On March 1, 2012 Senate Energy and Natural Resources Committee Chairman Jeff Bingaman (DNM) introduced the Clean Energy Standard Act of 2012, legislation that seeks to reduce greenhouse gas emissions and encourage low-carbon energy sources through the establishment of a federal clean energy standard (CES). The legislation builds off of past renewable energy standard (RES) proposals, such as the RES program included in the heavily debated, and ultimately defeated, cap-and-trade legislation of 2009.1 Although similar to past proposals, the legislation takes a broader view as to the types of energy that can be used to meet the CES, including not only renewables such as wind and solar, but also other low-emission sources such as natural gas, nuclear power, and certain “clean” coal carbon-capture technology.
The legislation is co-sponsored by eight democrats: Sens. Ron Wyden (D-OR), Bernie Sanders (IVT), Mark Udall (D-CO), Al Franken (D-MN), Chris Coons (D-DE), John Kerry (D-MA), Sheldon Whitehouse (D-RI), and Tom Udall (D-NM).
The Clean Energy Standard
The bill would require large retail utilities to obtain a certain percentage of electricity sold each year from clean energy sources, beginning with 25 percent in 2015, and increasing annually by three percent until 2035, at which point 84 percent of power produced by large utilities will need to come from clean energy sources. Large retail utilities are defined as those selling two million or more megawatt-hours of electricity to consumers in 2015, with the threshold to be considered a large utility gradually decreasing thereafter until it reaches one million megawatt-hours for years 2025 and after. The legislation would exclude utilities in Alaska and Hawaii.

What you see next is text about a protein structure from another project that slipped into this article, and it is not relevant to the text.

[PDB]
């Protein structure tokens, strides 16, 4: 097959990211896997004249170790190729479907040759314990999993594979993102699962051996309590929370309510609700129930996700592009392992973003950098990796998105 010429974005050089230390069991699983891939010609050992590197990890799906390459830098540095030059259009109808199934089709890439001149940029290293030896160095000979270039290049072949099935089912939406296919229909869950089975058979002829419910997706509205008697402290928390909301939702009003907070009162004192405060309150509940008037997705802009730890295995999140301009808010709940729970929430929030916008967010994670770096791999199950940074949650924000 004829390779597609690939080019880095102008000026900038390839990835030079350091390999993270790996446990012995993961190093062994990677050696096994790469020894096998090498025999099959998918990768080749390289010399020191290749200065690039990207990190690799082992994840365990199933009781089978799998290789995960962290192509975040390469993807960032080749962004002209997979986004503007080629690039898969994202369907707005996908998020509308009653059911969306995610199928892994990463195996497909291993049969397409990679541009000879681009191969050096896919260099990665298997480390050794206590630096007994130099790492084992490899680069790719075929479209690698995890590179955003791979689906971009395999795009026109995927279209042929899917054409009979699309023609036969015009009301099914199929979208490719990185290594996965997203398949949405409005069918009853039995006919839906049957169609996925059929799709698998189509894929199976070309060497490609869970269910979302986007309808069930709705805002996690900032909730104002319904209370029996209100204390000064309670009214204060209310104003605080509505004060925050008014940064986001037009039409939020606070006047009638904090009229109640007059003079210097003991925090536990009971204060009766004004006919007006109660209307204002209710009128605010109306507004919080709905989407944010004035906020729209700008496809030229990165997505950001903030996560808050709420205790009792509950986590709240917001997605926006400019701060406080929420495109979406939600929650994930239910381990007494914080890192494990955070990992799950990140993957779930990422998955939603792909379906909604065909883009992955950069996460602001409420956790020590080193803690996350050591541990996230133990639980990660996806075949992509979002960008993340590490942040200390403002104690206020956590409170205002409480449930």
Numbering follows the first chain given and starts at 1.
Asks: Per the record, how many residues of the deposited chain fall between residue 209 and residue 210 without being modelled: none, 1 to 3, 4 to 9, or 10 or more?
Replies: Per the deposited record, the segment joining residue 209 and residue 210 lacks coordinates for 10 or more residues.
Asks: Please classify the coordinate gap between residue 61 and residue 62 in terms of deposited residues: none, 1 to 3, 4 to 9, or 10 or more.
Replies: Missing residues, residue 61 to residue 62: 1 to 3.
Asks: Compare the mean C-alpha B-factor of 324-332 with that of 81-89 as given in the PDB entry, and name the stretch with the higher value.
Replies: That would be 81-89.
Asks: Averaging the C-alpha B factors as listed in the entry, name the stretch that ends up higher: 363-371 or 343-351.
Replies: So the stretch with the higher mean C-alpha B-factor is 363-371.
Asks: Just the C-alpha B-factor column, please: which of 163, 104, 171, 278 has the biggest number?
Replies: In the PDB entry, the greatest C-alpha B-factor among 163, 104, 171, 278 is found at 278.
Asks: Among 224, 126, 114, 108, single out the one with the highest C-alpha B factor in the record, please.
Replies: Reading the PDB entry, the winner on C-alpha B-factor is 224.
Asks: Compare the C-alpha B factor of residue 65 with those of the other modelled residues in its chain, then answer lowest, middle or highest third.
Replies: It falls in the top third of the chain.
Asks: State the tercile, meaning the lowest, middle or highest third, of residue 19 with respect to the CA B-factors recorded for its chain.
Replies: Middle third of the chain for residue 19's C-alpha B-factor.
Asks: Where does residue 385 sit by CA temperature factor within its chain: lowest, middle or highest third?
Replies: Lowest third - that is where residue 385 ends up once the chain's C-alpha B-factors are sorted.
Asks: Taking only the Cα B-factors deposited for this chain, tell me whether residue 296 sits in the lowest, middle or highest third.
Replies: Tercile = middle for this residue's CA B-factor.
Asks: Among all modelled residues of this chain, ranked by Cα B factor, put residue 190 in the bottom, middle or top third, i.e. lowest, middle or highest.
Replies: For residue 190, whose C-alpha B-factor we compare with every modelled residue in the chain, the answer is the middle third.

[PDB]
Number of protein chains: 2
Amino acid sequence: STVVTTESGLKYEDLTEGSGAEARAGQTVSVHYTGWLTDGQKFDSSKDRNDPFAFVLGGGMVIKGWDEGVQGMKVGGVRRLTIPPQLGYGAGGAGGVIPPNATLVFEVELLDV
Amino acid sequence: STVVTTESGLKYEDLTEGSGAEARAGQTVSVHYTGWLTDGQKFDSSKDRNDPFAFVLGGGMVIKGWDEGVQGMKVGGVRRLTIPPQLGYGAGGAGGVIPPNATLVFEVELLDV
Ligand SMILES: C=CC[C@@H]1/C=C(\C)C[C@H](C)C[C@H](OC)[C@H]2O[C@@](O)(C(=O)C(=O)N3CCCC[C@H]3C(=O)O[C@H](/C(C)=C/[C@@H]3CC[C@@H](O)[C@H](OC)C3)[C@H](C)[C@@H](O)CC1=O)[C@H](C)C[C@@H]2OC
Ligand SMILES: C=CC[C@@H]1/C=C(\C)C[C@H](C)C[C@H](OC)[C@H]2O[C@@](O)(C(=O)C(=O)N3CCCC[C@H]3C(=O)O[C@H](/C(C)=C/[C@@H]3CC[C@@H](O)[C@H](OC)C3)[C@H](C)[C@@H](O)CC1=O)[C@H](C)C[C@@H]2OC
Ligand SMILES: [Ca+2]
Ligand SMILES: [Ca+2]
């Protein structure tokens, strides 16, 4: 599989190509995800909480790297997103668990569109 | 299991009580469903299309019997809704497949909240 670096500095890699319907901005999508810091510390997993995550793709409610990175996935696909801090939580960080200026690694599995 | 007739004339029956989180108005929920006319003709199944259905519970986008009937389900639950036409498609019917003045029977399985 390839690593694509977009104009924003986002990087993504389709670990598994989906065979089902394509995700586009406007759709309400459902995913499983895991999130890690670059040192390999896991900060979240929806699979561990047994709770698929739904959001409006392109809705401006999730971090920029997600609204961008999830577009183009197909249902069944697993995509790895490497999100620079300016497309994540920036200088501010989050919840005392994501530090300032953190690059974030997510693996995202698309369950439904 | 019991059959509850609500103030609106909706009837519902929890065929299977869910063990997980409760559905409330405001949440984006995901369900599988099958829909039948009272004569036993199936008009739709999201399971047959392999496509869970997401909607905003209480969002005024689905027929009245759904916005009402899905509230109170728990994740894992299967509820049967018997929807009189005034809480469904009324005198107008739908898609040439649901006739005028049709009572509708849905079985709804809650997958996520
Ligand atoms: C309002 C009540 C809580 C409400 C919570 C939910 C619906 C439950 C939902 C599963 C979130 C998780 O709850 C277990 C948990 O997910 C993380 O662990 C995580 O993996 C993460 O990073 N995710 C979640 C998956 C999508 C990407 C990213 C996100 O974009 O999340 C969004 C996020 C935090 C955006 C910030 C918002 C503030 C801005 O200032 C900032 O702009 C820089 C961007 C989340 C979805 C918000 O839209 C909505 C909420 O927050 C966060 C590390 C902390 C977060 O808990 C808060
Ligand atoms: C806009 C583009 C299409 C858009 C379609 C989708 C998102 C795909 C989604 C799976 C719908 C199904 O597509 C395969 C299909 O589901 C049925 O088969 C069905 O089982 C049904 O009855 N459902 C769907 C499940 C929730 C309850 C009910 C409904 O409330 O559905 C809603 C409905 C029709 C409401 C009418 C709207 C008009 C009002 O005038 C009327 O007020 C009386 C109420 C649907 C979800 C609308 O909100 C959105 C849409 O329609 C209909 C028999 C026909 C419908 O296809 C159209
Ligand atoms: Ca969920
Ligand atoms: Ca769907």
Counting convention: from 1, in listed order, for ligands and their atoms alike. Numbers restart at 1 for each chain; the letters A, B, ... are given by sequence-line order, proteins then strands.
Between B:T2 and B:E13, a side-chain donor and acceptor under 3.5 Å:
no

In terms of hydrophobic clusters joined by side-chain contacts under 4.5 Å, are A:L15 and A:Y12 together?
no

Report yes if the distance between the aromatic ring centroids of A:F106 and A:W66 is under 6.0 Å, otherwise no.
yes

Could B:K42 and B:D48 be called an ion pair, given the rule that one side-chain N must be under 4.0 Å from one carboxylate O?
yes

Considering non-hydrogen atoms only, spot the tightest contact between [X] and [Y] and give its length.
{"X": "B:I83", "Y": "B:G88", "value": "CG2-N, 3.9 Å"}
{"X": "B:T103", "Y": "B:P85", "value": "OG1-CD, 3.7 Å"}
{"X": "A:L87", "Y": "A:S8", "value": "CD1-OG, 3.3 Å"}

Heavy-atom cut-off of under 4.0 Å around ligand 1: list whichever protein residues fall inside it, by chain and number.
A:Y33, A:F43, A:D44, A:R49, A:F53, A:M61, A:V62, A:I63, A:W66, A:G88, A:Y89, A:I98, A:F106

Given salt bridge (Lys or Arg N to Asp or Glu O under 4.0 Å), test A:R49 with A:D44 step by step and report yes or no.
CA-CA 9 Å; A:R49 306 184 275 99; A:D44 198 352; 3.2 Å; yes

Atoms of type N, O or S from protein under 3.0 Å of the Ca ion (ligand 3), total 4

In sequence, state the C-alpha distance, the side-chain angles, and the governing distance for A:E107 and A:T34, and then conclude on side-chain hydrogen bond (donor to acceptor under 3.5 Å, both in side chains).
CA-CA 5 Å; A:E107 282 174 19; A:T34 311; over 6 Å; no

Electric utilities could comply with the new CES by either submitting clean energy credits or making alternative compliance payments (ACPs). Companies would be rewarded clean energy credits based on their carbon emissions, with more credits awarded to utilities with lower emissions per unit of electricity. The legislation attempts to reward the “cleanest” resources with the greatest number of credits, thereby incentivizing every utility to become cleaner and more efficient. In lieu of clean energy credits, or in combination with them, companies may make ACPs equal to three cents per kilowatt hour. Beginning in 2017, the ACP would increase automatically by five percent every year, although the legislation would give the Secretary of Energy the discretion to increase the ACP earlier. Utilities that fail to meet the CES through either credits or ACPs would face a penalty equal to 200 percent of the value of the ACP for each kilowatt-hour of electricity sold in violation of the CES.
The legislation faces an uphill battle in the Senate, where some Senators may oppose the bill on the grounds that the CES picks “winners and losers” in the energy market place. However, the bill enjoys strong support from certain renewable energy groups, including the American Wind Energy Association, who have already endorsed the bill. Further, the legislation, which mirrors past CES proposals put forth by President Obama, is supported by the White House.